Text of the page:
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RE: Concrete slab retrofit (fwd)

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Do what I have done in the exact same situation (the details are so
close it is almost scary). Assuming you have head room, construct a
frame on top of the slab that distributes the weight to three of the
joist. I used SS tubular steel members to construct a "mat foundation"
that went under the MRI and spanned 3 joists. The stiffness was chosen
to ensure that the load was actually spread out to all three members,
although the center joist did end up with a bit more than the outside
joists. Much, much cheaper in our case than working underneath b/c the
space below was a clean room.

Eric Green

-----Original Message-----
From: Scott Maxwell [mailto:smaxwell(--nospam--at)engin.umich.edu] 
Sent: Friday, December 20, 2002 11:50 AM
To: seaint(--nospam--at)seaint.org
Subject: Concrete slab retrofit (fwd)

Greetings!

I am forwarding a message to the list for someone that has had some
difficulty in getting it to post.  So here it is...


---------- Forwarded message ----------
Date: Thu, 19 Dec 2002 13:35:43 -0500
From: Andrew D. Kester <andrew(--nospam--at)baeonline.com>
To: 'Scott Maxwell' <smaxwell(--nospam--at)engin.umich.edu>

I have a questioning regarding the strengthening of concrete T-beams or
ribbed slabs.

Specifically, I have an old hospital building, and on the second floor
(3
with a basement) they want to put some MRI type equipment that ways
around
5000lb. Worse case is all the equipment will be lined up on one such
T-beam.
This currently stresses the beam to a level of 287%! So I am telling the
client the only way to strengthen this system is from underneath. I have
already checked the girders and there is lots of extra capacity there,
so
the beams are the main issue.

Here are the parameters and several ideas, but I would like to hear from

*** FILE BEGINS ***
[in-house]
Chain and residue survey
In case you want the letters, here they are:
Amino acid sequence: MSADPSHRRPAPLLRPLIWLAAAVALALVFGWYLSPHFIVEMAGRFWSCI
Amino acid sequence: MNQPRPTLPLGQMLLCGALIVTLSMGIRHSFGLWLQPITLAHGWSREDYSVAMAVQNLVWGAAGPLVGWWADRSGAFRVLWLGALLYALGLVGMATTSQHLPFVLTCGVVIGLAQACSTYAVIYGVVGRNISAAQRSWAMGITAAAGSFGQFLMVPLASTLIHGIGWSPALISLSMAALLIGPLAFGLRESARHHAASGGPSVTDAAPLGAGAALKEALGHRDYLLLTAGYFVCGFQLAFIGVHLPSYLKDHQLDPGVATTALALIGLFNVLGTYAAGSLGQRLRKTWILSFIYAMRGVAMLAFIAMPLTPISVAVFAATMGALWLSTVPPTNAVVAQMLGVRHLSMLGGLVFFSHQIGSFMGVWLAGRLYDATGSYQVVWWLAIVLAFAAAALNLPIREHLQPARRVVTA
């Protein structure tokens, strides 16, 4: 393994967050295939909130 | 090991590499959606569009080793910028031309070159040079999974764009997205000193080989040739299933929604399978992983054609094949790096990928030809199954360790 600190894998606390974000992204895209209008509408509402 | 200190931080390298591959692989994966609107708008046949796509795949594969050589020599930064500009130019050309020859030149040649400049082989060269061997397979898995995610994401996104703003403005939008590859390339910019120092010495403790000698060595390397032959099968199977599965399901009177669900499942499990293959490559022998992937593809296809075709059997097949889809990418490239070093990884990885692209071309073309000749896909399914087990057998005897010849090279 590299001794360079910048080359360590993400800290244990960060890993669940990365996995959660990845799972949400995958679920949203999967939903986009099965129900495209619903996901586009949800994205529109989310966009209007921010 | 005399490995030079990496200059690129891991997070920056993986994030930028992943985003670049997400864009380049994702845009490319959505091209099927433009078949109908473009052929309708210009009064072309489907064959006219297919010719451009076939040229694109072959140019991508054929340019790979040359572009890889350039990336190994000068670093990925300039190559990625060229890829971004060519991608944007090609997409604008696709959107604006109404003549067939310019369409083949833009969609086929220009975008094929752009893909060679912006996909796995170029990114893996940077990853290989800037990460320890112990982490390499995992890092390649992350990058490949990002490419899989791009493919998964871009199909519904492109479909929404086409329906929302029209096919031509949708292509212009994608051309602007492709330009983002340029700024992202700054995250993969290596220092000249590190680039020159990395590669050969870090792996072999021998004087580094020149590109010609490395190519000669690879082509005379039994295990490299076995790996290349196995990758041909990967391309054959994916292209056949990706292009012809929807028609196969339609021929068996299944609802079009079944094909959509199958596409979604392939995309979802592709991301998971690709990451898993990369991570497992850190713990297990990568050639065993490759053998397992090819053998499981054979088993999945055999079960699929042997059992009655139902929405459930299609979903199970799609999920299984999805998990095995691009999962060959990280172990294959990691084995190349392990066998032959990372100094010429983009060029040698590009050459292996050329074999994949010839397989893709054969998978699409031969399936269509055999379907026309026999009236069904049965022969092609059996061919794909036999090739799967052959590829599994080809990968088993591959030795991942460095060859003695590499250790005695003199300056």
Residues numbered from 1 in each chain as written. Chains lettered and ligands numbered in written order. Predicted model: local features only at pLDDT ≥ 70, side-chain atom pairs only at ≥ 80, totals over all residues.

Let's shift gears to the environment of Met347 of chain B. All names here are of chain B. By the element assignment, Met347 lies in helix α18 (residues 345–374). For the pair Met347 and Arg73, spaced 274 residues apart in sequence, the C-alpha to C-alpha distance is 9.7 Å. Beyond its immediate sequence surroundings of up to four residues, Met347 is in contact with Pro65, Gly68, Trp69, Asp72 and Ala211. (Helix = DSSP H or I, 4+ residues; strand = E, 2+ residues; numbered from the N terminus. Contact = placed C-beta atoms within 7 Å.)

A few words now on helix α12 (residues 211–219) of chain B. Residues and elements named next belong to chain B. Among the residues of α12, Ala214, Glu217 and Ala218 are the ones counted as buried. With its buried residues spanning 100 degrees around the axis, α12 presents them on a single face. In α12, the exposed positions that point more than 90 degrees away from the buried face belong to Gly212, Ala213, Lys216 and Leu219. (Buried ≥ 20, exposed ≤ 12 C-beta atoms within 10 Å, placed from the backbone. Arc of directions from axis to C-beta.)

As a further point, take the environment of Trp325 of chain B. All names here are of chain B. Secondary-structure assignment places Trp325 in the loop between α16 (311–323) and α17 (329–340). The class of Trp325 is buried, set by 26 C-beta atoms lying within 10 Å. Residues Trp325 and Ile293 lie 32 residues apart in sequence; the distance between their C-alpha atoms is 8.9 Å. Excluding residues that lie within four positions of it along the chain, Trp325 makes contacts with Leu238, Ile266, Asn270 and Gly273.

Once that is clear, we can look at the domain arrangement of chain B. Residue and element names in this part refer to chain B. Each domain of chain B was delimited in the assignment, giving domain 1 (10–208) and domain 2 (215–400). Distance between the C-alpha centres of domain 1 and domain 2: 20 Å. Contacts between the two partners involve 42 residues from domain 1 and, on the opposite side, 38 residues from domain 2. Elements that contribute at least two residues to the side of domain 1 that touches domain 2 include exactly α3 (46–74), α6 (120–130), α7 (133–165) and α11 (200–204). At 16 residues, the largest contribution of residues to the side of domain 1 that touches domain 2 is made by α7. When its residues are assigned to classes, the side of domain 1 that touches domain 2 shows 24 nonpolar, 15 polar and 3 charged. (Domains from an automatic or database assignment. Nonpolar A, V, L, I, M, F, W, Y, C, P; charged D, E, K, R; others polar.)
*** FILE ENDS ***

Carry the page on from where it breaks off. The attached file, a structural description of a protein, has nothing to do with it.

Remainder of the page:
others on their experience. Also any specific "don't forgets" would be
welcome.

Span= 13.5'
Beam depth= 8"+ 3-1/2" slab/flange
Beam width= 6"
Spacing= 30" o.c. (24" gap in between each beam)

Load= Point/dynamic load = 5000lb, uniform LL, uniform DL (slab wt, MEP)
Seismic non issue.

We can and will put a steel plate underneath the equipment, on top of
the
floor slab, to spread out the load and to bridge over the flanges, on
top of
the flange.

Some of my ideas, in the order of best to worse (in my opinion):

1. Bolt channels to the sides of the beams, creating a sandwich.
-Should I then design it as a composite section, or could I assume
something
very safe load sharing between the channels and the concrete? Or will
the
large difference of stiffnesses make this incompatible?

My quick calcs show that if I assumed that the concrete beam carried
absolutely NO LOAD, that I could easily design 2 channels to carry all
of
the current and additional loads. I like this idea because this building
was
built in the 30s and I would rather bypass the current slab. This is my
favorite option. I would only have to reinforce 2 or 3 beams, so this
would
be rather cost efficient and easy to construct.

This means that the concrete beam must deflect before engaging the
steel,
correct? If I did my calcs right, the EI of the concrete beam is nearly
equal. I could oversize the channels to make the EIs about equal. Or
would I
oversize the channels to make the EI of the channels greater then that
of
the beam, thus ensuring a deflection  of the beam that would then engage
the
channels. I would ignore the concrete beams and composite action, they
would
merely be carrying the load to the channels.

2. Go in the space between concrete T-beams with W-beams, flush against
the
bottom of the concrete slab. But here we run into problems again with
load
sharing, and making sure that the steel beams are flush against the slab
and
are actually carrying part of the load. I do not want to jack the beams
into
place, so the best I could do is remove the LL from the slab prior to
installing them.

3. Composite steel plates- bolt and epoxy to beam to add additional
flexural
steel. I do not like this idea because I do not know all the properties
of
the existing concrete beams. It also makes limited improvements for
greater
or equal cost to above mentioned ideas.

4. Least favorite and most costly to construct- dowel into existing
beams
perpendicular to webs, forming and pouring beams in the gaps of the
existing
beams. This sounds like a construction nightmare.


I thank all of you in advance for your insight and suggestions, and hope
all
of you have a safe and happy holidays.

Sincerely,

Andrew Kester, EI
Longwood, FL





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